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Seeing water in the garden as Monet did

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Courtesy of Mary-Kate Mackey

(Read caption) Monet's last paintings were studies of water.

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Thoughts on water and gardening are never far from my mind, even when I’m traveling in winter. One of the highlights of my recent three-week visit to Paris was a tour of the Orangerie Museum, specifically the two rooms that feature Claude Monet's enormous wall-long paintings of waterlilies, Nymphaea.

The Orangerie itself was originally built for horticulture — designed in 1852 as winter storage for the Tuileries Gardens’ citrus trees.

I stood in an interminable line that snaked into the gardens from the front door. Note to travelers — museums in Paris during the December holidays are crowded, same as in summer — but the folks in line are Europeans, not Americans.

I debated whether the wait was worth it — the movement forward was infinitesimal. After all, I’d seen other waterlily paintings. Monet made more than 40 on the same subject, his water gardens at Giverny. I’d seen Giverny and even gardens based on Giverny. What was I doing, standing in the bitter cold aftermath of an unusual Paris snowstorm?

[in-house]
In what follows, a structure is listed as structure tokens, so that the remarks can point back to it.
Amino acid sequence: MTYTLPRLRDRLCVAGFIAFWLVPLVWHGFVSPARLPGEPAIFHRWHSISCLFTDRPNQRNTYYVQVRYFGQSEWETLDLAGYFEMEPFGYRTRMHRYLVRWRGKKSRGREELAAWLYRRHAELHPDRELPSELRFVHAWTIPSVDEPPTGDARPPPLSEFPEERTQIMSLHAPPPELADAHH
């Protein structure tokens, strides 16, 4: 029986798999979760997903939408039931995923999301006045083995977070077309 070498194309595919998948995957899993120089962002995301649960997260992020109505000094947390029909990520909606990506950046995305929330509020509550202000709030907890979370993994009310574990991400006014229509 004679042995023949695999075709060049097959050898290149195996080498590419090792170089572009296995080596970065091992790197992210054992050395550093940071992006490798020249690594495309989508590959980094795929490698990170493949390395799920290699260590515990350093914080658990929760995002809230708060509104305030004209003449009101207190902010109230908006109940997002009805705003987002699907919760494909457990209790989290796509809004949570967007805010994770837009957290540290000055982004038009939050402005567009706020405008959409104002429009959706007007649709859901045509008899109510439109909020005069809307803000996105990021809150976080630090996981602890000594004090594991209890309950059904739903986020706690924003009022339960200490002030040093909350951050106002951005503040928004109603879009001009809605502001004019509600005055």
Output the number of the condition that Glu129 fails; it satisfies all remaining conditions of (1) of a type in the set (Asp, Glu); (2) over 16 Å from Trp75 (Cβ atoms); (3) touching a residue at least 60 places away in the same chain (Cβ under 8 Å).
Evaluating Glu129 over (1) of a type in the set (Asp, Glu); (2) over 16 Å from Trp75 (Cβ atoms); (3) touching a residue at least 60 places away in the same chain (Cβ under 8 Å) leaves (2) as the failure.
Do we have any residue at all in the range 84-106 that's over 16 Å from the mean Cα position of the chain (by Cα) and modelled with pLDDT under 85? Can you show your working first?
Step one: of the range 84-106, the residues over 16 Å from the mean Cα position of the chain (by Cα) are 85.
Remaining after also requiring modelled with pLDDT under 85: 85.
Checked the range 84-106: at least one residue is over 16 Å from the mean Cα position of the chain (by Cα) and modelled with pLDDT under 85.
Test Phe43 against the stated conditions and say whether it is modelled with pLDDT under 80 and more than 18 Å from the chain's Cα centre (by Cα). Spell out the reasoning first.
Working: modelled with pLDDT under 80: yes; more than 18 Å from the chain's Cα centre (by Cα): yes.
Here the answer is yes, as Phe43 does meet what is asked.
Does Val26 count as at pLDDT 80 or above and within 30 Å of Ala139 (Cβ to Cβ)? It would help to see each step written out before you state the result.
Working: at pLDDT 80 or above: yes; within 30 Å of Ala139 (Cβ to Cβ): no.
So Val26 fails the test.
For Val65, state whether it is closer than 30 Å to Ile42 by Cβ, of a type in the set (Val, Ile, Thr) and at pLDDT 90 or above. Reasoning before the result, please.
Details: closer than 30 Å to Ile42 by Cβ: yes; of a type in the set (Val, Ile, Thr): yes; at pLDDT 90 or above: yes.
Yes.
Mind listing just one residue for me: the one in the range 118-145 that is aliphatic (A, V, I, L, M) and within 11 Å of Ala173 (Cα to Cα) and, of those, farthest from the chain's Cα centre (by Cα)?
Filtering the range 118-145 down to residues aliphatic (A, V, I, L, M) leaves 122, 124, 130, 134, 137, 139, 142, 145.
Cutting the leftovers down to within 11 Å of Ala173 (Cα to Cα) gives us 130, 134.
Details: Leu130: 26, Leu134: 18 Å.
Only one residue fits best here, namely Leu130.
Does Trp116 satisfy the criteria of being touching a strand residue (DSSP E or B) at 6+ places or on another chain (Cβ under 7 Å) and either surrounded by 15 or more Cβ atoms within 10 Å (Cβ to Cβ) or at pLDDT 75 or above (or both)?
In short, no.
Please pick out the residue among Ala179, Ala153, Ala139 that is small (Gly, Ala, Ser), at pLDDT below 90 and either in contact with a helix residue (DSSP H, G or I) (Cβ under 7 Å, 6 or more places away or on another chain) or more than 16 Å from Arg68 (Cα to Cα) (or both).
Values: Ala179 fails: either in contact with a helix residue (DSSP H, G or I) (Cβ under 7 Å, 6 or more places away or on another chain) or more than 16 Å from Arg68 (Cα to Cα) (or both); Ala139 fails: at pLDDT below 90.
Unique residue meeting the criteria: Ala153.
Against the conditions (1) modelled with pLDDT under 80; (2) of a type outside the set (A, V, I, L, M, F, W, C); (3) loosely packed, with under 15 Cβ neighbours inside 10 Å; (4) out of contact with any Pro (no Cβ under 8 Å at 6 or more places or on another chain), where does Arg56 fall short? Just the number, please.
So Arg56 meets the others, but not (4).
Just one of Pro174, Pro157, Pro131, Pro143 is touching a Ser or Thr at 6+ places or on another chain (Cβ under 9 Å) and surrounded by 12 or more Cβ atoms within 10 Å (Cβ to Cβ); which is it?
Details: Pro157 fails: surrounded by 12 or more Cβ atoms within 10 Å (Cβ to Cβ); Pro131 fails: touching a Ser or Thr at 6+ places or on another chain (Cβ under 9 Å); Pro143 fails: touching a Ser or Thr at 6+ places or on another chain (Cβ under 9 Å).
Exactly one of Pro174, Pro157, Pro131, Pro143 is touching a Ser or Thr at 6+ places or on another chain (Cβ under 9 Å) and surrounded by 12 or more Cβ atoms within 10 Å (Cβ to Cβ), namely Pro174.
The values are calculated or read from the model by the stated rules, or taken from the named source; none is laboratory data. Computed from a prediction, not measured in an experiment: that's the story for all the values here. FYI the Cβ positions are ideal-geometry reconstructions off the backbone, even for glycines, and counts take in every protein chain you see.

But I waited. Every other time I’d been in Paris, the Orangerie had been closed and under construction for a remodel that would allow these eight paintings to be seen as Monet intended — washed in natural overhead illumination from skylights.

Finally, I made it into the oval rooms, shaped in the figure of a lemniscate, that form representing infinity. The curving walls are lined with Monet’s familiar subjects. But these last gigantic paintings, produced at the end of his life when he was going blind, are different from any of the other waterlily paintings I knew.

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